The Keratoconus Doctors website is now available. Over the years Total Eye Care has developed a sub-specialty in keratoconus treatment. We now have a website dedicated to those patients.
Free Primer Available – The Patient’s Guide to Keratoconus
We also have a primer on keratoconus, “The Patient’s Guide to Keratoconus“. It answers most of the common questions patients ask and the most important things for them to know. We will continue to update it as technology and standards of care continue to evolve. Some of the items covered are
How is keratoconus treated
What are the risks/benefits of surgery vs contact lenses
What treatment options are available
When is surgery recommended
What is Keratoconus?
Keratoconus involves a progressive thinning of the cornea. It is estimated that 1 in 2000 people have keratoconus; however, some estimates are as high as 1 in 500. In most cases, successful keratoconus treatment is accomplished with specially designed contact lenses. At Total Eye Care, we specialize in providing care to these patients.
Scleral lenses have been around for over 100 years. Until the new gas permeable lens materials were developed patients could only wear scleral lenses for a few hours a day. With the highly oxygen permeable lens materials now in use, patients can comfortably wear these lenses all day. Scleral lenses are most commonly used to treat eyes with irregular corneas such as keratoconus and post surgical eyes (usually following corneal transplant surgery or related to complications from refractive surgery). Another common use for scleral lenses is in the special effects industry where they are used to protect the cornea and/or to give the eye an exotic appearance.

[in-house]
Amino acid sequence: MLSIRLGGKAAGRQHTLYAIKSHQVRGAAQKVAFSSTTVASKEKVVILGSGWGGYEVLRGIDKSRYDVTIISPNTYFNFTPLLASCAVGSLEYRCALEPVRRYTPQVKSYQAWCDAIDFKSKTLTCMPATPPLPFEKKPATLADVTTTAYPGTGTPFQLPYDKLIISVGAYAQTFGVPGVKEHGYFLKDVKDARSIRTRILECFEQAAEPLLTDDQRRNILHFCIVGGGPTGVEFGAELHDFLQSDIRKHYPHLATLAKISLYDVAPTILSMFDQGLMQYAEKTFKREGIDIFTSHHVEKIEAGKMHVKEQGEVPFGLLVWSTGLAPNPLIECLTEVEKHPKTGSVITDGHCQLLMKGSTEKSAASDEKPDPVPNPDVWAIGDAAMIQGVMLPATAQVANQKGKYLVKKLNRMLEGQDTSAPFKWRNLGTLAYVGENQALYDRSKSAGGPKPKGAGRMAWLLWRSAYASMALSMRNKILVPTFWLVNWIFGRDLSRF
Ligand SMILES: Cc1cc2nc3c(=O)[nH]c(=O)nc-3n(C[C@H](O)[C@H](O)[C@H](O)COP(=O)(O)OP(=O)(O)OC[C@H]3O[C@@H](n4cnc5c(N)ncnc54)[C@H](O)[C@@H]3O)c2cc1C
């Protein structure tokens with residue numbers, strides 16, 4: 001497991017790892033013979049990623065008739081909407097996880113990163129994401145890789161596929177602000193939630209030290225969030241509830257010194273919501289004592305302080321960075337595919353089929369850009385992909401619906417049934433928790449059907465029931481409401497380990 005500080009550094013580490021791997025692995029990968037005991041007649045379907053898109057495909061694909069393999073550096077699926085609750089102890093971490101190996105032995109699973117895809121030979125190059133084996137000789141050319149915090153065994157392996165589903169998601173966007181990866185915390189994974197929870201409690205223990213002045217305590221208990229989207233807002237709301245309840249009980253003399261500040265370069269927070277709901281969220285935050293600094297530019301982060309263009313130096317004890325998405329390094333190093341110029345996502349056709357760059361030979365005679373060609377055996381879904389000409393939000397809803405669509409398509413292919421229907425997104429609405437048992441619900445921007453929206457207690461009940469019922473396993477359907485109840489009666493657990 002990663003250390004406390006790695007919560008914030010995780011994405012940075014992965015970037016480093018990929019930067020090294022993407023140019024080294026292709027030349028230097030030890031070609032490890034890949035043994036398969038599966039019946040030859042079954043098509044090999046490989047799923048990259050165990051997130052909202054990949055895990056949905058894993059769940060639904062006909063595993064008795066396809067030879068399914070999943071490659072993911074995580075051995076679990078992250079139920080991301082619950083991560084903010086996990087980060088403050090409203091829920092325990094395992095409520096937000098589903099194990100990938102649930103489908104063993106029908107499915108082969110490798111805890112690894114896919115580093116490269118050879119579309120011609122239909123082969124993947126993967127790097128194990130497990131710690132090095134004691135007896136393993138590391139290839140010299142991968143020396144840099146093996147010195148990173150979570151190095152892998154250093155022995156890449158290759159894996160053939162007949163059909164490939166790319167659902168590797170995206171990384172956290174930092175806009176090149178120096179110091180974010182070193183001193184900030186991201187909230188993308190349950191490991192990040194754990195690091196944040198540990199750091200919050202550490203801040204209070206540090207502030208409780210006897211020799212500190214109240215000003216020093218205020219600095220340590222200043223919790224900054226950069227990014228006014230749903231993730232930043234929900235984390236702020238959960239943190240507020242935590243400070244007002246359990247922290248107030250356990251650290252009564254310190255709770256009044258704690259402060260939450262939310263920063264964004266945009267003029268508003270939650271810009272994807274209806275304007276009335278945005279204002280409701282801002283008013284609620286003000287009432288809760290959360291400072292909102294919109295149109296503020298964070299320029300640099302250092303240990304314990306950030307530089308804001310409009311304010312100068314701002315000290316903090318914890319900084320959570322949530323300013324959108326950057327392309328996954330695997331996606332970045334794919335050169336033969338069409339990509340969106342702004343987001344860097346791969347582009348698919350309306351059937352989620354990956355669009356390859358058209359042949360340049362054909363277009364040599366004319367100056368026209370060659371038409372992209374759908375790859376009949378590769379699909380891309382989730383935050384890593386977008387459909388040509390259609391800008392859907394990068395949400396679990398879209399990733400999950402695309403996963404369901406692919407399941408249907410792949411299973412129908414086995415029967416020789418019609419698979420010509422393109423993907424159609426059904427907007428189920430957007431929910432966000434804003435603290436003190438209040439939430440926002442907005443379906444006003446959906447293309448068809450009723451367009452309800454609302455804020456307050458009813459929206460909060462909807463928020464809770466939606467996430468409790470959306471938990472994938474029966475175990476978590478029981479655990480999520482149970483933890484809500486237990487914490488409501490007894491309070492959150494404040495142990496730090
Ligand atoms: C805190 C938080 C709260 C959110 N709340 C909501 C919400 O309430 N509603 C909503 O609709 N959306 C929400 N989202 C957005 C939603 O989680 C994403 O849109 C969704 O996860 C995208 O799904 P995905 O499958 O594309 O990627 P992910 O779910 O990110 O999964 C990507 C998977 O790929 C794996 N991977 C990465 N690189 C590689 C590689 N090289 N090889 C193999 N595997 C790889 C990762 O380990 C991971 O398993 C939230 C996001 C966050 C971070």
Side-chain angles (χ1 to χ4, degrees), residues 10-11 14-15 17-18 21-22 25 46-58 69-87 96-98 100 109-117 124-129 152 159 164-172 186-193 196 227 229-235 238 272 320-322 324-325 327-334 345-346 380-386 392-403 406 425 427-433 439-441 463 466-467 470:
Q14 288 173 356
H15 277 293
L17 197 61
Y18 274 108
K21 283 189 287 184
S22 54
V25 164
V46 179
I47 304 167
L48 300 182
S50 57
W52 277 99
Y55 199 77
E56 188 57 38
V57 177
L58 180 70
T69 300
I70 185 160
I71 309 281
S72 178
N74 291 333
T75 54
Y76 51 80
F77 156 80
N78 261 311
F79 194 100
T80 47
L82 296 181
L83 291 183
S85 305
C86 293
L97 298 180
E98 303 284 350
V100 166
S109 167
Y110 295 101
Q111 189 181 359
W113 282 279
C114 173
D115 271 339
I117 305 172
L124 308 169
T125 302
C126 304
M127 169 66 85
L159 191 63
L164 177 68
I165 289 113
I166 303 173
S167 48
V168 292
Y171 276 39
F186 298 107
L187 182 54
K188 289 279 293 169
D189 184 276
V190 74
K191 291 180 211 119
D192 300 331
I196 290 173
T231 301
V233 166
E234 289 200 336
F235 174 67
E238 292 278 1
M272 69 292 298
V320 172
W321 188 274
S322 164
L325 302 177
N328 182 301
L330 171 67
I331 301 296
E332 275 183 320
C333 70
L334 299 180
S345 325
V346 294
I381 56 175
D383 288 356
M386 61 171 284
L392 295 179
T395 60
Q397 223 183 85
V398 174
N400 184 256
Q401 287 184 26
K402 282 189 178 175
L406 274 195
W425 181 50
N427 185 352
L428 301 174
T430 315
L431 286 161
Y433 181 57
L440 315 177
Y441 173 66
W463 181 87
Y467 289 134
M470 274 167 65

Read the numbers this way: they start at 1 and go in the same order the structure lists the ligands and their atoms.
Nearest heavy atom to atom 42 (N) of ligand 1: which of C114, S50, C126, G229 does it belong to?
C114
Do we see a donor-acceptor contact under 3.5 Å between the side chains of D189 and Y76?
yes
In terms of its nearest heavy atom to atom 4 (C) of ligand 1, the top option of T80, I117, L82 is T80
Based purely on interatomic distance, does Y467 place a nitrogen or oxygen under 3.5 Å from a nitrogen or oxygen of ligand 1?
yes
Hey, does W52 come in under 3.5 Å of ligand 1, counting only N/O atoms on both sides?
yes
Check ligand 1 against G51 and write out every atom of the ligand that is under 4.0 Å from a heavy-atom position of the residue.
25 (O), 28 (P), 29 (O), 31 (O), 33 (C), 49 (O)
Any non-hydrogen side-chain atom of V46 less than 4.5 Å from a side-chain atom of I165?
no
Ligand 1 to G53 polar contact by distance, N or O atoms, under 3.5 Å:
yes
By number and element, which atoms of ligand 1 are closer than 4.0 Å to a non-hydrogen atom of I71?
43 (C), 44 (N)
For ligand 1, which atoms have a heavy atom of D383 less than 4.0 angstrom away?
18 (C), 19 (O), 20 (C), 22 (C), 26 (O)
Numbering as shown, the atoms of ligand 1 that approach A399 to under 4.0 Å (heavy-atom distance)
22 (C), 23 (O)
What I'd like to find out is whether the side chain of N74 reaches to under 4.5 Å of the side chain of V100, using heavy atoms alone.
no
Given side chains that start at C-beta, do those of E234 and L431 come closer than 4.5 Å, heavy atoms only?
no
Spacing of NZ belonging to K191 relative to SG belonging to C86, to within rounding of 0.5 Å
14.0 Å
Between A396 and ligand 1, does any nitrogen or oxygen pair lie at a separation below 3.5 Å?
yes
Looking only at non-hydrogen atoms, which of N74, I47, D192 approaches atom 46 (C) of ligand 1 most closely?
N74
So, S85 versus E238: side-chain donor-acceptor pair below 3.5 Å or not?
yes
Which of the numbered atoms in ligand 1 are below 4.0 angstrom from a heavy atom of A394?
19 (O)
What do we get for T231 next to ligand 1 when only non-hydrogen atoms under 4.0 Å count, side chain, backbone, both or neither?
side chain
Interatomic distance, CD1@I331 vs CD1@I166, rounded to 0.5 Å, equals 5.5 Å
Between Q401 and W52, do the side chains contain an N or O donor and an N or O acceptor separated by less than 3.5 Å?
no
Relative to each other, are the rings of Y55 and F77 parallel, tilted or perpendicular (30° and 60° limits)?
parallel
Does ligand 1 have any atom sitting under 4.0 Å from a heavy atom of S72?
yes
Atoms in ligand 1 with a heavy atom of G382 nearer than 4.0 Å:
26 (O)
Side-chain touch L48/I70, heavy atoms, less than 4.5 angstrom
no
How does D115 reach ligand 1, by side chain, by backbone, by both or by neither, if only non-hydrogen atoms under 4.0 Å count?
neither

What Is A Scleral Lens?
Scleral lenses are large contact lenses that rest on the sclera (white part of the eye) with the remainder of the lens vaulting over the cornea. Tears are trapped between the lens and the cornea allowing sclerals to treat irregular corneas. The average soft contact lens has a diameter of about 14 mm whereas scleral lenses typically have a diameter exceeding 14.5 mm.
How Are Scleral Lenses used?
At Total Eye Care Dr. Driscoll has used scleral lenses to treat many conditions such as irregular astigmatism, keratoconus, high myopia, dry eye syndrome, and complications related to LASIK and PRK. Because of their size, sclerals are quite comfortable. Patients often report the comfort being similar to that of a soft contact lens. Most patients with irregular corneas will see better with a scleral lens than with glasses.
Below is a good video that shows how scleral lenses are cared for and how to insert and remove them.
Due to the fact that one of the specialties at Total Eye Care is keratoconus we see many patients with this condition. We recently updated our patient information on keratoconus page to reflect some of the new technologies available to our patients such as;
Mini scleral lenses, which provide excellent vision like that of traditionally fit gas permeable lenses, however with markedly improved comfort.
Corneal collagen cross linking, though not yet FDA approved, is a new technology that I expect will be of a tremendous benefit to our patients.